Food production requires careful consideration of farming practices and may carry unintended consequences such as nutrient and sediment loss from farm land (McGuire, Morton, Arbuckle, Cast, 2015). At an extension (intermediaries between research and farmers) level it is important that farmers are supported in best practice to prevent such losses. However, this is made difficult because of different farmer typologies. Responses to a survey of cane growers in Queensland demonstrate the influence that segmentation and extension has on cane growing businesses and the flow on effect that it has on society. Marketers whose aim is to create change amongst farmers would benefit by including farmer specific typology/segmentation in their marketing efforts.
|Title of host publication||2017 Australian and New Zealand Marketing Academy Conference (ANZMAC)|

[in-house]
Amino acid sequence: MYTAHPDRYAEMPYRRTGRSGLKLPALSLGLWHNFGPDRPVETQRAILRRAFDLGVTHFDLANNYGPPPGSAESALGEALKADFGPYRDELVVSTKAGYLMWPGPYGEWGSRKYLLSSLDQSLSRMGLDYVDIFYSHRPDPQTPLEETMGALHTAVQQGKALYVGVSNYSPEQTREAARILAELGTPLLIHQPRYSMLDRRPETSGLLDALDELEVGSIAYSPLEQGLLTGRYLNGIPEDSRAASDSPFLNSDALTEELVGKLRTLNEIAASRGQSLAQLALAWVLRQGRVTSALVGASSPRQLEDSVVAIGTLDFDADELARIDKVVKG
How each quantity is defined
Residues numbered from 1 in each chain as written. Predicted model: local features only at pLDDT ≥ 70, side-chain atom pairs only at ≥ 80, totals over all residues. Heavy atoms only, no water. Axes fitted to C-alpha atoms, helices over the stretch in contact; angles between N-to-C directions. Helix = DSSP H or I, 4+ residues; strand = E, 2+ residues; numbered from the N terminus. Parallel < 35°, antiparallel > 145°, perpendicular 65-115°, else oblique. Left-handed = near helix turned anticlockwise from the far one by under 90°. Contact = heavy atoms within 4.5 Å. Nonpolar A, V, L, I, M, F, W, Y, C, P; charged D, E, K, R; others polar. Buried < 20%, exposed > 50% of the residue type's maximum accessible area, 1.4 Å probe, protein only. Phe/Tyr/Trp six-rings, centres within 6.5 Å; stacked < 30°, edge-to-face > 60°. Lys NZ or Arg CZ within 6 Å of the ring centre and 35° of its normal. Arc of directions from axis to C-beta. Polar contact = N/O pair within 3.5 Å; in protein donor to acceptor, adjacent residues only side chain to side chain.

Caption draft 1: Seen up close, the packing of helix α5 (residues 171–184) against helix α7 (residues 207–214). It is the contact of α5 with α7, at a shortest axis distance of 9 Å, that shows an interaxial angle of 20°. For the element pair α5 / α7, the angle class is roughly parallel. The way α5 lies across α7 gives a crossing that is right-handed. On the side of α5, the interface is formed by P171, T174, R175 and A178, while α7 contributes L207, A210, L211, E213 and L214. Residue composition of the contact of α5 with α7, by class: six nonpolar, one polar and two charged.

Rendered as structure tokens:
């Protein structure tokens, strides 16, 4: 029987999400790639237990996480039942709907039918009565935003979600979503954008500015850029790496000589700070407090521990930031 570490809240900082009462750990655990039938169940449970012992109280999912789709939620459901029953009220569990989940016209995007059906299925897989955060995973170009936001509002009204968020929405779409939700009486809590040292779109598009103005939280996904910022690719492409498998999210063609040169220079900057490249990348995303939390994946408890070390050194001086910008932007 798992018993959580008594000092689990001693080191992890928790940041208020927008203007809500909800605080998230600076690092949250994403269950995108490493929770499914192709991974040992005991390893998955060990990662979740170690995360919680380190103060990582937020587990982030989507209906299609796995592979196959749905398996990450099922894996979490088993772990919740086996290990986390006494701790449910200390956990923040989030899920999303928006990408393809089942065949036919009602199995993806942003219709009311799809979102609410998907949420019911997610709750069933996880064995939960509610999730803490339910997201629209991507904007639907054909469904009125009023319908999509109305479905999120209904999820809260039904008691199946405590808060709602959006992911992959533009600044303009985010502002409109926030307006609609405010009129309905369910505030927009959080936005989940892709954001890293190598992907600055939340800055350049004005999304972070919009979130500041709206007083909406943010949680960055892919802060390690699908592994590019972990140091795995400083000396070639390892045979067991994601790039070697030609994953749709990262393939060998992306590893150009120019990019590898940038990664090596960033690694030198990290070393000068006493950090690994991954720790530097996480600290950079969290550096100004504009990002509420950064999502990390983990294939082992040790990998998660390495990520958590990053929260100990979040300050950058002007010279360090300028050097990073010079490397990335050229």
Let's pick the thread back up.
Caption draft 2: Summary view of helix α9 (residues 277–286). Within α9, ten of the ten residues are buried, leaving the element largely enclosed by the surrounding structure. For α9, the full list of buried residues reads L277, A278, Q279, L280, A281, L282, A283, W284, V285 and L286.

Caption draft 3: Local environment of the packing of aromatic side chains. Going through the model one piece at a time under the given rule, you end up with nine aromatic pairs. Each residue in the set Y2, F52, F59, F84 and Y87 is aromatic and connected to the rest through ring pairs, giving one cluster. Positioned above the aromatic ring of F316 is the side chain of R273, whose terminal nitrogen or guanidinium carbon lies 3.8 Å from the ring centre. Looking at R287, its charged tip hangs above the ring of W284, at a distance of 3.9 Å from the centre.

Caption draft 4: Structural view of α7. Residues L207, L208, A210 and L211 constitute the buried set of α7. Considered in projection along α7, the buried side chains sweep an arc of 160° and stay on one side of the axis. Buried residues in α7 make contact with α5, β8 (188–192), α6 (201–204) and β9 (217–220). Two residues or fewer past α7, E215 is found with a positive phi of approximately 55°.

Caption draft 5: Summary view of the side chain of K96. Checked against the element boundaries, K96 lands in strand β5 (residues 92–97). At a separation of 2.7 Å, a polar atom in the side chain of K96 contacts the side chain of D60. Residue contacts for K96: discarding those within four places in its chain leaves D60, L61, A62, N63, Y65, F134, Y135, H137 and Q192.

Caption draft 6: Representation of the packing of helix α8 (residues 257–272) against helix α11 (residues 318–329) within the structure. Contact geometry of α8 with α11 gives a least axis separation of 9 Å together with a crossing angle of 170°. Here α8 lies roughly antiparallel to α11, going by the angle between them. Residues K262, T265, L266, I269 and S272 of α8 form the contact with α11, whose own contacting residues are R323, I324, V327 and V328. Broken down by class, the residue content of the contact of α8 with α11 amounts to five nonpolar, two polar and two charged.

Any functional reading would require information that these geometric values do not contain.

|Subtitle of host publication||marketing for impact|
|Editors||Linda Robinson, Linda Brennan, Mike Reid|
|Place of Publication||Melbourne, VIC, Australia|
|Publisher||RMIT University Press|
|Number of pages||5|
|Publication status||Published - Dec 2017|
|Event||2017 Australian and New Zealand Marketing Academy Conference: marketing for impact - Melbourne, VIC, Australia|
Duration: 4 Dec 2017 → 6 Dec 2017
|Name||Proceedings of the Australian and New Zealand Marketing Academy Conference|
|Conference||2017 Australian and New Zealand Marketing Academy Conference|
|Period||4/12/17 → 6/12/17|
Hay, R., Eagle, L., & Low, D. (2017). Farmer segmentation: transfer of knowledge in extension. In L. Robinson, L. Brennan, & M. Reid (Eds.), 2017 Australian and New Zealand Marketing Academy Conference (ANZMAC): marketing for impact (pp. 799-803). (Proceedings of the Australian and New Zealand Marketing Academy Conference). Melbourne, VIC, Australia: RMIT University Press.